RB Aaron Stecker has powered the Scottish Claymores to a 2-1 record
Aaron Stecker has played in Macomb and Glasgow. He's traded in purple-and-gold for blue-silver-and-black. He has been both a Leatherneck and a Claymore, probably the first person ever to make that dual claim.
Doesn't matter. Stecker just keeps running.
Stecker is currently three games into the NFL Europe League's 2000 season, playing for the Scottish Claymores in Glasgow, and he's producing like he always has. The NFLEL is drawing increasing numbers of NFL-allocated players such as Stecker, but most of this year's focus was on the young quarterbacks headed overseas, thanks to former Europe standout Kurt Warner's breakthrough 1999 season. While hurlers like Atlanta's Tony Graziani and Cincinnati's Eric Kresser are indeed drawing attention on the continent, Stecker has crashed the party.
After three weeks, Stecker is the league's leading rusher, with 229 yards on 42 carries, averaging 5.2 yards per tote. He also paces the Claymores in receptions, with 13, and touchdowns, with three, and has impressed Scotland's coach, Jim Criner, with his innate talent. "Aaron has all the qualities that you need to win in the NFL," said Criner.
Stecker certainly proved he had the necessary tools to dominate on the college level, needing just two seasons to post a school-record 3,081 rushing yards at Western Illinois. The 5-10, 205-pound Stecker transferred to WIU in Macomb, Illinois after two seasons at Wisconsin. Though he was impressive as a freshman, gaining 334 yards and five touchdowns on the ground, Stecker lost significant playing time to Ron Dayne as a sophomore and could see coach Barry Alvarez' writing on the wall. He decided to become a Leatherneck to make sure he would stay on the field.
His participation in the NFL Europe League is a similar situation. Though not drafted after his outstanding two years at WIU, Stecker was signed by the Chicago Bears and brought to training camp. He didn't stick with the Bears' final roster, but was picked up by the Buccaneers midway through the 1999 season and added to Tampa Bay's practice squad. He performed well in practice, often imitating the Bucs' upcoming opponents, but wasn't required on an active roster that already included Warrick Dunn and Mike Alstott.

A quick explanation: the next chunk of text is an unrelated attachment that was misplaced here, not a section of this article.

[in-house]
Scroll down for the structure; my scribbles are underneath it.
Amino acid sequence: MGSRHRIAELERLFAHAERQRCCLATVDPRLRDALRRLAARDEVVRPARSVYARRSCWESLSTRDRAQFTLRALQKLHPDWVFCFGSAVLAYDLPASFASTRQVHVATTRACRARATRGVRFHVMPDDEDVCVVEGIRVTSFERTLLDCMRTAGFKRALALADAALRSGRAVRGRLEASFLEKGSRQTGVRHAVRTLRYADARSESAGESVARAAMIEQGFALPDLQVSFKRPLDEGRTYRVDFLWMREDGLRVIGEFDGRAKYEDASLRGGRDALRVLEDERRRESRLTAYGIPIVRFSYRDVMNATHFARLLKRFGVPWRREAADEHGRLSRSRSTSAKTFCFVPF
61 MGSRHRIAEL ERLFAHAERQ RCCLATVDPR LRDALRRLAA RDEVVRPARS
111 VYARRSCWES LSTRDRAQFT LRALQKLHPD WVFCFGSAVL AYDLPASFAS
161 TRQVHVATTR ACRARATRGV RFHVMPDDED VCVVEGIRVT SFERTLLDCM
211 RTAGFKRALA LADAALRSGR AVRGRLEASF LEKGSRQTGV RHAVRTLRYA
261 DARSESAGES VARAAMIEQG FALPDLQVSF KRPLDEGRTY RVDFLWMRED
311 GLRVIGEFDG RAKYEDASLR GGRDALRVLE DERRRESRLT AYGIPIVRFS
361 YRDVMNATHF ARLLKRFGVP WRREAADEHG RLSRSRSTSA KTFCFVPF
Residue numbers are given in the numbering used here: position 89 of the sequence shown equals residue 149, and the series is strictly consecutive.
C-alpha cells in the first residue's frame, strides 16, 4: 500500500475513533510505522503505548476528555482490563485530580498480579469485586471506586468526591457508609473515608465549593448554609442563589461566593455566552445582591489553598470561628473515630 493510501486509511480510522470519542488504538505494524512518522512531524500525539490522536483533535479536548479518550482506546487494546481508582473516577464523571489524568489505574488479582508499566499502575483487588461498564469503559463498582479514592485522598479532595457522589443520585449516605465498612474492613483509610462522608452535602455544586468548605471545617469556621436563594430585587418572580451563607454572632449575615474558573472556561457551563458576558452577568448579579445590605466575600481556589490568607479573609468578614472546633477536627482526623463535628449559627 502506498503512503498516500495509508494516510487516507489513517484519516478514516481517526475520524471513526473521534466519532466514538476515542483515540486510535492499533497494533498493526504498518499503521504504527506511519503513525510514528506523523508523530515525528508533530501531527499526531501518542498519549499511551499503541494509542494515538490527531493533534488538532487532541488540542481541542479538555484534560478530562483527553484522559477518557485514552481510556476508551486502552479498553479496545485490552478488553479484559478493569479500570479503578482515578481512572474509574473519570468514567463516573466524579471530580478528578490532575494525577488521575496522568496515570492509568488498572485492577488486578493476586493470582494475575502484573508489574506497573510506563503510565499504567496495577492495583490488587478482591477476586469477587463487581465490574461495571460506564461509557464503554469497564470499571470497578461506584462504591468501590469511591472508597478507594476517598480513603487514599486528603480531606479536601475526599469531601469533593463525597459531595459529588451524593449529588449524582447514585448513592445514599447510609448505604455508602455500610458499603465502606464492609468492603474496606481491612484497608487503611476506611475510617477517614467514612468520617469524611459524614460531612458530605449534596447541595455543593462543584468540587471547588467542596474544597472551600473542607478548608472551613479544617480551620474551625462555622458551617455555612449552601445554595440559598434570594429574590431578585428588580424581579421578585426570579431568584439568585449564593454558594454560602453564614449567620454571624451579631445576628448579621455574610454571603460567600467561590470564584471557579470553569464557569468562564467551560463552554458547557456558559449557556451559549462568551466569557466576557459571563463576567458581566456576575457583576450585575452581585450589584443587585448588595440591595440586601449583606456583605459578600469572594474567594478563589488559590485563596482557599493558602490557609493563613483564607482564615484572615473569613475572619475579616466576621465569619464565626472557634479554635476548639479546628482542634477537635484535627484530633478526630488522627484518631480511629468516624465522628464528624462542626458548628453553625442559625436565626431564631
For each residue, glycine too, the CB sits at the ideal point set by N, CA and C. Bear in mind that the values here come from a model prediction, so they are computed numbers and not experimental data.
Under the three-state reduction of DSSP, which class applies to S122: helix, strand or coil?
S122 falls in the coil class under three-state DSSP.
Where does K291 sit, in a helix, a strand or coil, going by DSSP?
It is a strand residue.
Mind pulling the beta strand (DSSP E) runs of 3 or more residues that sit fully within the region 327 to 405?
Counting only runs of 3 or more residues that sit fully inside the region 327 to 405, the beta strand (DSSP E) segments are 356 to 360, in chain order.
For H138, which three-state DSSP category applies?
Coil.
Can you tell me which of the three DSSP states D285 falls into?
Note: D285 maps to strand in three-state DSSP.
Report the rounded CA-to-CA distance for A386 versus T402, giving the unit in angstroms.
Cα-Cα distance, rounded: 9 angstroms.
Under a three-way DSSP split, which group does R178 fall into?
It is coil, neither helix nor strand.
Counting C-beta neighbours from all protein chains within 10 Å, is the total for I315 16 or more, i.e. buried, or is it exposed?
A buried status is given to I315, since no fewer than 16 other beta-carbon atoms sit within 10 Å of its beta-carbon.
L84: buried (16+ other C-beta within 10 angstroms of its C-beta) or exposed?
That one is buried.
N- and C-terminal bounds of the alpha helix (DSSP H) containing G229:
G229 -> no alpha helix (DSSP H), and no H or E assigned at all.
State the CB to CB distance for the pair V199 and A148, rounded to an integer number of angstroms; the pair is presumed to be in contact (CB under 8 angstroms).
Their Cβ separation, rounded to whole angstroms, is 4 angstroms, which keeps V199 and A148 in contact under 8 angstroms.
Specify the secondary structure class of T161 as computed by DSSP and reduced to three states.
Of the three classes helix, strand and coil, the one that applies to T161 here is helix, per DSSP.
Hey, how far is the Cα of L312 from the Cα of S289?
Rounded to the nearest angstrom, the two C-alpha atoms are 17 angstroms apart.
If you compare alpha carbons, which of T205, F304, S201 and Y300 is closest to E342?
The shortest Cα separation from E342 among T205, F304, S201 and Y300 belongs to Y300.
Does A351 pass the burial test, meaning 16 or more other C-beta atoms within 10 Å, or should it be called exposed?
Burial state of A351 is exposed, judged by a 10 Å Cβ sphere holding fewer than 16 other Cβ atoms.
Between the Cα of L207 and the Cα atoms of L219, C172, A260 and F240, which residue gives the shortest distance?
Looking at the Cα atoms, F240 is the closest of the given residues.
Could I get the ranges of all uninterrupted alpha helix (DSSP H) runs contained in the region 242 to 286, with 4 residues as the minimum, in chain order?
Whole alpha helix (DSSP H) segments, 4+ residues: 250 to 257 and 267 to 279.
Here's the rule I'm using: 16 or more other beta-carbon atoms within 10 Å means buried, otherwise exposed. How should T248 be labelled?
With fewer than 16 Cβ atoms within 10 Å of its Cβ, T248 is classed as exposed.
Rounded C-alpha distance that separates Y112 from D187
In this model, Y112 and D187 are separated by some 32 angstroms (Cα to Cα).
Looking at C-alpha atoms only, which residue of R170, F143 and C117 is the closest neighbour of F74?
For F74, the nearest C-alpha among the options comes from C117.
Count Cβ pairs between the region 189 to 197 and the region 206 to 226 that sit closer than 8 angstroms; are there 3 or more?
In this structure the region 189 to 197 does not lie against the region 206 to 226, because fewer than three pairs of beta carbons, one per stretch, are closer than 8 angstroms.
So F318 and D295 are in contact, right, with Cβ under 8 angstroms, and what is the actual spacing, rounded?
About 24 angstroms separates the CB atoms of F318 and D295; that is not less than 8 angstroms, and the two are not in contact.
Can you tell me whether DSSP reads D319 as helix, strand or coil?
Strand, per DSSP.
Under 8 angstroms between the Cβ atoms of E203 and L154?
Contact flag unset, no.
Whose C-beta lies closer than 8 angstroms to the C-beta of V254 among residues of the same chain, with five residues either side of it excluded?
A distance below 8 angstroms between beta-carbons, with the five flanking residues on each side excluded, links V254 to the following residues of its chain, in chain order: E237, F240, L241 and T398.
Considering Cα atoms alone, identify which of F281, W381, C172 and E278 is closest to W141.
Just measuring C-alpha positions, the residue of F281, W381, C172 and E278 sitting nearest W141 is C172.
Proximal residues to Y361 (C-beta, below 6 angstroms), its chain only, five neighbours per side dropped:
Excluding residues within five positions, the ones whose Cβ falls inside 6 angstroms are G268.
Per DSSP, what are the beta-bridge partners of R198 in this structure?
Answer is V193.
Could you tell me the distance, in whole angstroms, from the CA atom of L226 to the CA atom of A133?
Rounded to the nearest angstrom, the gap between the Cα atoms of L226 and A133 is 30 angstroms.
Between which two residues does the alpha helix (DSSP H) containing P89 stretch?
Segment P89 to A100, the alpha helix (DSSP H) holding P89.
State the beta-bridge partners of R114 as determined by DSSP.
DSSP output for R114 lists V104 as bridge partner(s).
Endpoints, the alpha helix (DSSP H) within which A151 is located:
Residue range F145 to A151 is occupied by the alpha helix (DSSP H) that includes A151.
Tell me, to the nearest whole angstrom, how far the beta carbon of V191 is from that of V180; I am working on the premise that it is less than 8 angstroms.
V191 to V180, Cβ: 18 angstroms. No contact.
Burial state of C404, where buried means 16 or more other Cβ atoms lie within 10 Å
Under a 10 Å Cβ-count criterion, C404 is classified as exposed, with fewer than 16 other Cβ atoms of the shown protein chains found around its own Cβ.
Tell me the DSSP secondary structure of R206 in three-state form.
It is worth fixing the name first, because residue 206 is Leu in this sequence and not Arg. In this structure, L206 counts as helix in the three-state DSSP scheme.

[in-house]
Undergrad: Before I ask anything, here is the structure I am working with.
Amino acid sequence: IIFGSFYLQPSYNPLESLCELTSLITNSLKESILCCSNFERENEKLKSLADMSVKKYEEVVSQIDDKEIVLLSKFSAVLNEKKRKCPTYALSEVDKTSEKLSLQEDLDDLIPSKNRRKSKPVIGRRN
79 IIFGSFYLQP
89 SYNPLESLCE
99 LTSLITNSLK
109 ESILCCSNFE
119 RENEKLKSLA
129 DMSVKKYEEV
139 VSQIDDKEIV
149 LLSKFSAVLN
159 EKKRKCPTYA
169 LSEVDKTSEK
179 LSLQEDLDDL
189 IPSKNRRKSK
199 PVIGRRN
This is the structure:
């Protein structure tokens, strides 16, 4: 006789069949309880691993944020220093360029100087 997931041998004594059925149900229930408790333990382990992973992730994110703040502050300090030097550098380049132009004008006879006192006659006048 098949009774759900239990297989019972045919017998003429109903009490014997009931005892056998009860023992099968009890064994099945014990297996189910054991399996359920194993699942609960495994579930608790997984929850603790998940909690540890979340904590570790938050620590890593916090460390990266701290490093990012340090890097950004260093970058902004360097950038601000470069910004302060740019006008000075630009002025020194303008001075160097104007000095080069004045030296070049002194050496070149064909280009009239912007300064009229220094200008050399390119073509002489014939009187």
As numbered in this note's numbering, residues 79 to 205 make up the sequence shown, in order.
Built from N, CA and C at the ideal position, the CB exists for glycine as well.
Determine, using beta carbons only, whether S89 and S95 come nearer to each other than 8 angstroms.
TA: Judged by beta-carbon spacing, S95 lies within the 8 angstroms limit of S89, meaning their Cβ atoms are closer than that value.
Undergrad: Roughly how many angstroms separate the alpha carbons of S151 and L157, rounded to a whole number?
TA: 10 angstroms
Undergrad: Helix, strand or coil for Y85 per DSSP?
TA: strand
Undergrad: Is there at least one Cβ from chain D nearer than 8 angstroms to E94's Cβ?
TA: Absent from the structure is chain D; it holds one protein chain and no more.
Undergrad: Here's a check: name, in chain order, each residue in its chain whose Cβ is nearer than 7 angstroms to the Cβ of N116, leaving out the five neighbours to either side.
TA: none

So, when the 1999 campaign ended and spring rolled around, Stecker headed off to Europe, put the Claymores' sword-embossed jersey on his chest and just kept right on running. After snaring two touchdown catches against the Amsterdam Admirals to lead the Claymores to a 28-9 week two win, Stecker came back to post a 2000 NFLEL-high 127 yards on 15 carries versus Berlin this past weekend.
Stecker's participation in the NFLEL season, as Buccaneer Head Coach Tony Dungy mentioned last week, is a double-edged sword, in that valuable playing time gained is balanced by Tampa Bay practice time lost. Still, Dungy felt the positives of playing in Europe outweighed the negatives, and that might be particularly true in a situation like Stecker's. Upon returning to Tampa, Stecker will have to battle established NFL players Jerry Ellison and Rabih Abdullah for a spot on the eventual 53-man roster, but none of the three will see anywhere near as much action as Stecker is gaining in Europe. In effect, he is proving early that he is a legitimate candidate for the spot.
Stecker is one of six Bucs getting some springtime action on the field in Europe. In fact, when Stecker's Claymores suffered their first loss last weekend, it was at the hands of Tampa Bay QB Scott Milanovich. Scotland dropped a tight 24-20 decision to the Berlin Thunder, who turned to Milanovich in the second half after struggling behind Kresser. Milanovich completed five of eight passes for 63 yards and a touchdown. Milanovich's Thunder teammate and fellow Buccaneer, TE Jason Freeman, caught one pass for 25 yards.
Elsewhere on the Buccaneer front, LB Bobbie Howard turned in six tackles for the Frankfurt Galaxy, CB Deshone Mallard of the Rhein Fire tallied nine tackles and an additional stop on special teams and LB Shawn Stuckey contributed two special teams tackles for the Amsterdam Admirals.